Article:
There is no more powerful, detested, misunderstood African American in our public life than Clarence Thomas. Supreme Discomfort: The Divided Soul of Clarence Thomas is a haunting portrait of an isolated and complex man, savagely reviled by much of the black community, not entirely comfortable in white society, internally wounded by his passage from a broken family and rural poverty in Georgia, to elite educational institutions, to the pinnacle of judicial power. His staunchly conservative positions on crime, abortion, and, especially, affirmative action have exposed him to charges of heartlessness and hypocrisy, in that he is himself the product of a broken home who manifestly benefited from racially conscious admissions policies.
Supreme Discomfort is a superbly researched and reported work that features testimony from friends and foes alike who have never spoken in public about Thomas before—including a candid conversation with his fellow justice and ideological ally, Antonin Scalia. It offers a long-overdue window into a man who straddles two different worlds and is uneasy in both—and whose divided personality and conservative political philosophy will deeply influence American life for years to come.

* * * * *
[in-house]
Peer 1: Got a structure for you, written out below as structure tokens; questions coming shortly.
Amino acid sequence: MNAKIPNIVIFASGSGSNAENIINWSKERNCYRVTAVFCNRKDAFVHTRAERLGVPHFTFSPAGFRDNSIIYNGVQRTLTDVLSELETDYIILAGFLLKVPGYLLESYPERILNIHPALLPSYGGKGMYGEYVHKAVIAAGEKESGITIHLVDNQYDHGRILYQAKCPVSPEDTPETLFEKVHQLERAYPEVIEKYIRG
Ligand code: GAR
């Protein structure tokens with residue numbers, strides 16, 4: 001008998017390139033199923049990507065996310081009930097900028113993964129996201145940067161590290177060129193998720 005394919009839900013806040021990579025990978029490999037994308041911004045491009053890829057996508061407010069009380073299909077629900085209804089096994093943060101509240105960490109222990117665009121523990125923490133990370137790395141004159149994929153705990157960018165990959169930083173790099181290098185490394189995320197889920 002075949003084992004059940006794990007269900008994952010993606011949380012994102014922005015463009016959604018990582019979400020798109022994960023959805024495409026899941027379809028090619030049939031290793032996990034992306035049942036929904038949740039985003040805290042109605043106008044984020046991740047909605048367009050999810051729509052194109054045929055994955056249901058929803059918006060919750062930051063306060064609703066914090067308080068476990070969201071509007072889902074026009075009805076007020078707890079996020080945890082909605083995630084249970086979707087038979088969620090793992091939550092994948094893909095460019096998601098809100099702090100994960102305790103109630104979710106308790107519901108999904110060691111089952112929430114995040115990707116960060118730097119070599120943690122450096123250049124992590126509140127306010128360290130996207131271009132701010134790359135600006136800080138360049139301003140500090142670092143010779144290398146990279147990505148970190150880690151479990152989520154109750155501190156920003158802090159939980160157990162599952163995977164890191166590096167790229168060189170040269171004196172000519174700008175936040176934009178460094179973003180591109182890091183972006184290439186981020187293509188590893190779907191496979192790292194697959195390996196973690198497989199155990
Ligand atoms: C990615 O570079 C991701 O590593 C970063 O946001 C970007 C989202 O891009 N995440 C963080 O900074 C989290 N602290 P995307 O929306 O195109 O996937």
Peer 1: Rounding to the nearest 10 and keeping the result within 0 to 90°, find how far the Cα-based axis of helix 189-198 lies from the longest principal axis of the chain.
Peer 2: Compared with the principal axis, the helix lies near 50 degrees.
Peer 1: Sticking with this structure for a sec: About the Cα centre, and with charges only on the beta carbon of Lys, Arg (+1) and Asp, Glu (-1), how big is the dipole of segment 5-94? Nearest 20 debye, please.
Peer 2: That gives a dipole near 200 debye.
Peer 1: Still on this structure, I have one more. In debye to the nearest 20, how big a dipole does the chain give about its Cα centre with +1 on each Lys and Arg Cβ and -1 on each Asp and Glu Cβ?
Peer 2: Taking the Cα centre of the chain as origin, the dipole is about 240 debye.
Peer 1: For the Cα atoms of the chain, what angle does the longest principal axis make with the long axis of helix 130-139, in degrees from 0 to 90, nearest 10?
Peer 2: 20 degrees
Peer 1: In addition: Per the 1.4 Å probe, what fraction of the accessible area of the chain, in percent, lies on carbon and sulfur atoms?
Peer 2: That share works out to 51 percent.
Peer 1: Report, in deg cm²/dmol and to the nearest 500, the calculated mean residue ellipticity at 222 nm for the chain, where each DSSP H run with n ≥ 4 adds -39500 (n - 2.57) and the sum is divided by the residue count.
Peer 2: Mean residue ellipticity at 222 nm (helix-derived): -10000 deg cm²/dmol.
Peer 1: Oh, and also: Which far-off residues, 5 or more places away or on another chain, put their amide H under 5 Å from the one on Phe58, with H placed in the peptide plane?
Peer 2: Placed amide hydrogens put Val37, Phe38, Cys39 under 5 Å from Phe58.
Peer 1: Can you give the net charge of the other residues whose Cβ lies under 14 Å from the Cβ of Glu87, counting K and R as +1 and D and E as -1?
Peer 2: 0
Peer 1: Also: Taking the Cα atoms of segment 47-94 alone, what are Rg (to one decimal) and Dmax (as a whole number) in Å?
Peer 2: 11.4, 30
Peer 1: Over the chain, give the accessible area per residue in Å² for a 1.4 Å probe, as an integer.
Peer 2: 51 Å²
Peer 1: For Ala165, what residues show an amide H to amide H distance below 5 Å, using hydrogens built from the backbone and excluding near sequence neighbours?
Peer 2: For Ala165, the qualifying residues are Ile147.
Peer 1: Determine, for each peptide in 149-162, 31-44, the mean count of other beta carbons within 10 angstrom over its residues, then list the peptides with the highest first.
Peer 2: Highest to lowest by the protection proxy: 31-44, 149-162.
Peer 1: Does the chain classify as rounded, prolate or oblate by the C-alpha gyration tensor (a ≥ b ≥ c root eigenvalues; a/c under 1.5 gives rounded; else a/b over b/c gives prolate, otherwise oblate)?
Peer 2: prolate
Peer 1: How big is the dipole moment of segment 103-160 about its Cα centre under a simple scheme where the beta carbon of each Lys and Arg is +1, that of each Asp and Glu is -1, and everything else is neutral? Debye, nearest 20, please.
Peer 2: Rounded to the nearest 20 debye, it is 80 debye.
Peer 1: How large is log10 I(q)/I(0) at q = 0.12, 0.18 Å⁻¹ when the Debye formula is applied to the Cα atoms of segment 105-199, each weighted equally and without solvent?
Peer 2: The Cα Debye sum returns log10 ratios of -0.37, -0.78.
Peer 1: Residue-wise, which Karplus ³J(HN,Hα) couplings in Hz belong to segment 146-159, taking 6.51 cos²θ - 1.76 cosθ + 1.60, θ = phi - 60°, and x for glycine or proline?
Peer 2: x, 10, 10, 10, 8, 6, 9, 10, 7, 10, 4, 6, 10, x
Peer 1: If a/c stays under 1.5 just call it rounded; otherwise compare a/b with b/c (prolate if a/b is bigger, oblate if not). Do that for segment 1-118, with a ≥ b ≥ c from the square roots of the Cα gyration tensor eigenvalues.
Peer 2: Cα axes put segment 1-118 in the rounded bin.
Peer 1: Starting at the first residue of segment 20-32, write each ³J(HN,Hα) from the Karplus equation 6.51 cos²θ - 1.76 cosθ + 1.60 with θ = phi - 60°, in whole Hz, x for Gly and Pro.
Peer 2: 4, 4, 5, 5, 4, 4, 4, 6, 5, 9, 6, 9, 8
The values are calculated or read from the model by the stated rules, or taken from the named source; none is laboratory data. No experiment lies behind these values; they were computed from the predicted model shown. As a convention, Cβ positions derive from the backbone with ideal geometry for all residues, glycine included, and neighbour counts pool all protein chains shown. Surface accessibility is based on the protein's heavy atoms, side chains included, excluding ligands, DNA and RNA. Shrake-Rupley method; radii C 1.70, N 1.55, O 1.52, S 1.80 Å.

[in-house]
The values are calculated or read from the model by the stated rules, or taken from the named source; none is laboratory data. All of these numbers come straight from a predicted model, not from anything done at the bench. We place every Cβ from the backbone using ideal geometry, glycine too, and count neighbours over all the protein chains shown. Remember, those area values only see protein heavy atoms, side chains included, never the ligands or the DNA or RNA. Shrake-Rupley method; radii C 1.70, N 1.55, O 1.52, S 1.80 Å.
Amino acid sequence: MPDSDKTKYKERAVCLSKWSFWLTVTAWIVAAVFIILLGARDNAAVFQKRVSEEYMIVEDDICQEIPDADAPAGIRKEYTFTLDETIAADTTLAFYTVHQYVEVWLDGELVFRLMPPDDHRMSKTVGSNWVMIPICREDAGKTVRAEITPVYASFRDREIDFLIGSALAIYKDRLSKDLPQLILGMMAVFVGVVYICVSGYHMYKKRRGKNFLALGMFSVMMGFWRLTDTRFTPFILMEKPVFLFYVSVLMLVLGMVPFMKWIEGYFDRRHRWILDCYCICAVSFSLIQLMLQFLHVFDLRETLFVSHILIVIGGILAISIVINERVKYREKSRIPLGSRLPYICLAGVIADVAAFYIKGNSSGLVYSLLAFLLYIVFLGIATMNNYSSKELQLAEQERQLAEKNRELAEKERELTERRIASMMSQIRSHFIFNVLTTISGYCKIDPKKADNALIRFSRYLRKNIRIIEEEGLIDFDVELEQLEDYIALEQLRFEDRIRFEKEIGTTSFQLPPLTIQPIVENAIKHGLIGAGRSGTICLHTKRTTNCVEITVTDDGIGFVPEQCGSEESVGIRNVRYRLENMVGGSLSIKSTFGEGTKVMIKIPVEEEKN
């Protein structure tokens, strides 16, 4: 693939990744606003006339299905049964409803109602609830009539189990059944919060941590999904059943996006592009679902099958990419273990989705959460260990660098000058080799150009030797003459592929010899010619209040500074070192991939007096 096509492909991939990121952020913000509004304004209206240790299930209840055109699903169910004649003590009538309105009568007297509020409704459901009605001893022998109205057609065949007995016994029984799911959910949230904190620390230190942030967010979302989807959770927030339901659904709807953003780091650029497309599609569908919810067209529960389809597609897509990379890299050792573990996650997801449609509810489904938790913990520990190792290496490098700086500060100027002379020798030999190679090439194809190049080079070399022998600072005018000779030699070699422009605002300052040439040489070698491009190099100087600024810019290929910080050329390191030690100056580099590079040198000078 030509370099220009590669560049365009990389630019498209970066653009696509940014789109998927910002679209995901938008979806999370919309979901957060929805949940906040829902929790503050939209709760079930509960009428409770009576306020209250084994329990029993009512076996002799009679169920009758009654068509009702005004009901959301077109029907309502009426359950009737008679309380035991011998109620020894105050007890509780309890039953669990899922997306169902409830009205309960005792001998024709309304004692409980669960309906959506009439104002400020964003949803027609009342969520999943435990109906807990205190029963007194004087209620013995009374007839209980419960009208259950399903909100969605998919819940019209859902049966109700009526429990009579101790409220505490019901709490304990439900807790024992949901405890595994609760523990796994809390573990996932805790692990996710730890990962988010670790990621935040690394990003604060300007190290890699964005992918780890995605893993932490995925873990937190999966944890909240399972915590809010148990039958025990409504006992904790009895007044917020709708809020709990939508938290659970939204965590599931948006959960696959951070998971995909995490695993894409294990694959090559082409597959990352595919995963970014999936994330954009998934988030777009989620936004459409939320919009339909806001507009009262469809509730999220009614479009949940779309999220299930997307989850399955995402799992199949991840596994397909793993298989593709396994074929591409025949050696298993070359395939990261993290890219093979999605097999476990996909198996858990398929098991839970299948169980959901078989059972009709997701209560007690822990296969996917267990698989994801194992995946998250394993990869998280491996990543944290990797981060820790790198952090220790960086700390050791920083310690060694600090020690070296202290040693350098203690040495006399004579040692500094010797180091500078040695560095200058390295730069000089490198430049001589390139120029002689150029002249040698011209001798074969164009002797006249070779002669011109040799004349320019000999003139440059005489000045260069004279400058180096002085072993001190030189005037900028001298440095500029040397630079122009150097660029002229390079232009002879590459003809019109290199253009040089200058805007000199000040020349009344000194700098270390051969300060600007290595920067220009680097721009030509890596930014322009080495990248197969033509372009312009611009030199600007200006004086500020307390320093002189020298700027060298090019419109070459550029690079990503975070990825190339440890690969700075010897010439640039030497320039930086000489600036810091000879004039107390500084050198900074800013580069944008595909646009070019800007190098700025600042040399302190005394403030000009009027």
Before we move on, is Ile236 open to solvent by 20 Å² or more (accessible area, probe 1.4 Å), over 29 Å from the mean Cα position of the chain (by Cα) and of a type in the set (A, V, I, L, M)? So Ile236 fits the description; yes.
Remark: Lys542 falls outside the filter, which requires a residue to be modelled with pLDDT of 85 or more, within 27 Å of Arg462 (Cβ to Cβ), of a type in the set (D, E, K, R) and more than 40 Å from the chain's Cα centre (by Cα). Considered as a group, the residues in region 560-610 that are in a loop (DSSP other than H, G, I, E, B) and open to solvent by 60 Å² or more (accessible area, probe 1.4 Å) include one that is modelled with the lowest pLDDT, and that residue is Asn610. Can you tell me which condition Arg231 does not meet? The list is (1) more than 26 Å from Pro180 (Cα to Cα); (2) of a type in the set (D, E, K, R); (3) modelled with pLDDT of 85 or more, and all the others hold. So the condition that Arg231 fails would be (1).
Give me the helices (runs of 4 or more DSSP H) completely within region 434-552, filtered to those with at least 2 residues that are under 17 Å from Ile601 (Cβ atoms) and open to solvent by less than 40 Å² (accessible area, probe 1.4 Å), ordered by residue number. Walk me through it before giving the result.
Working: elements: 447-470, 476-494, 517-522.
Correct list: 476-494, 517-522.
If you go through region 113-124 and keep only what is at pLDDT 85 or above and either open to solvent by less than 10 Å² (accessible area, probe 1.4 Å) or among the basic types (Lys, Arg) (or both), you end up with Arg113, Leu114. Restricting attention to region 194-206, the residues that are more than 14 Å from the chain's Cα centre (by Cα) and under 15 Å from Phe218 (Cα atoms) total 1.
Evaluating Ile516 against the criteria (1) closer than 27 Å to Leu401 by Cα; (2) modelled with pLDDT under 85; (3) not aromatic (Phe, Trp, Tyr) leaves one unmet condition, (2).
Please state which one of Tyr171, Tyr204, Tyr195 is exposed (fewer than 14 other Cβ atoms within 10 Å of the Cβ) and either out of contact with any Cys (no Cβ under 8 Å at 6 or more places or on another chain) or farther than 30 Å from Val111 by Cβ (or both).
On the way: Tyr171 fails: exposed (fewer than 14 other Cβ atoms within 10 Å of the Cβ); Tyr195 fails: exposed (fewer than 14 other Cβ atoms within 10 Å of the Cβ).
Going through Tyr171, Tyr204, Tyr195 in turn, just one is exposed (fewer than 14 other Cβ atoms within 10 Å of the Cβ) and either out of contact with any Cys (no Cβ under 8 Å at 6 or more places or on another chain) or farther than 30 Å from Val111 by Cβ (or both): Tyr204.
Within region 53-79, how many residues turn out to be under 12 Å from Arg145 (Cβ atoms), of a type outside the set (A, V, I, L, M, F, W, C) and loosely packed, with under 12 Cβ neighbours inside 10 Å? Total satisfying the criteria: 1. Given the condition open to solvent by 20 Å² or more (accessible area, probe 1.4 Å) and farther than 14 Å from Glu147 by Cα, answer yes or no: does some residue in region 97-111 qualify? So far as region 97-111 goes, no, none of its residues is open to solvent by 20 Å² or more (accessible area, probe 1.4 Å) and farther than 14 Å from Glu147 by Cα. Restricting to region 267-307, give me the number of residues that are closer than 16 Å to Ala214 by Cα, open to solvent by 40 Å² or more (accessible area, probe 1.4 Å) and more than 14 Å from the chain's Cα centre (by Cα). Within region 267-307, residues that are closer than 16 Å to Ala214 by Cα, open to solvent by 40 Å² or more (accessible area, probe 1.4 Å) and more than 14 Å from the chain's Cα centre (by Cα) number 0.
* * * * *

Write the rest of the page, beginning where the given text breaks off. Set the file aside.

Advance Praise for Supreme Discomfort:
“Clarence Thomas, even as the quiet justice, is a clanging symbol of politics and race in our time. I can’t think of two writers I’d rather have cut through the cacophony of the Thomas mythology than Kevin Merida and Michael A. Fletcher. In Supreme Discomfort, they have found the divided soul that divides a nation.” —David Maraniss, author of First in His Class: A Biography of Bill Clinton
“Scrupulously fair and endlessly entertaining. Supreme Discomfort by Kevin Merida and Michael A. Fletcher is the definitive work on the Supreme Court’s most elusive—and fascinating—personality.” —Jeffrey Toobin, author of The Run of His Life and Too Close to Call, legal affairs analyst for CNN, and staff writer at The New Yorker.
“An engrossing biography of a conflicted man . . . [Merida and Fletcher] have done a superb job with this both harsh and sympathetic life of Clarence Thomas . . . an unflinching look at success and race in America.” —Kirkus Reviews (starred)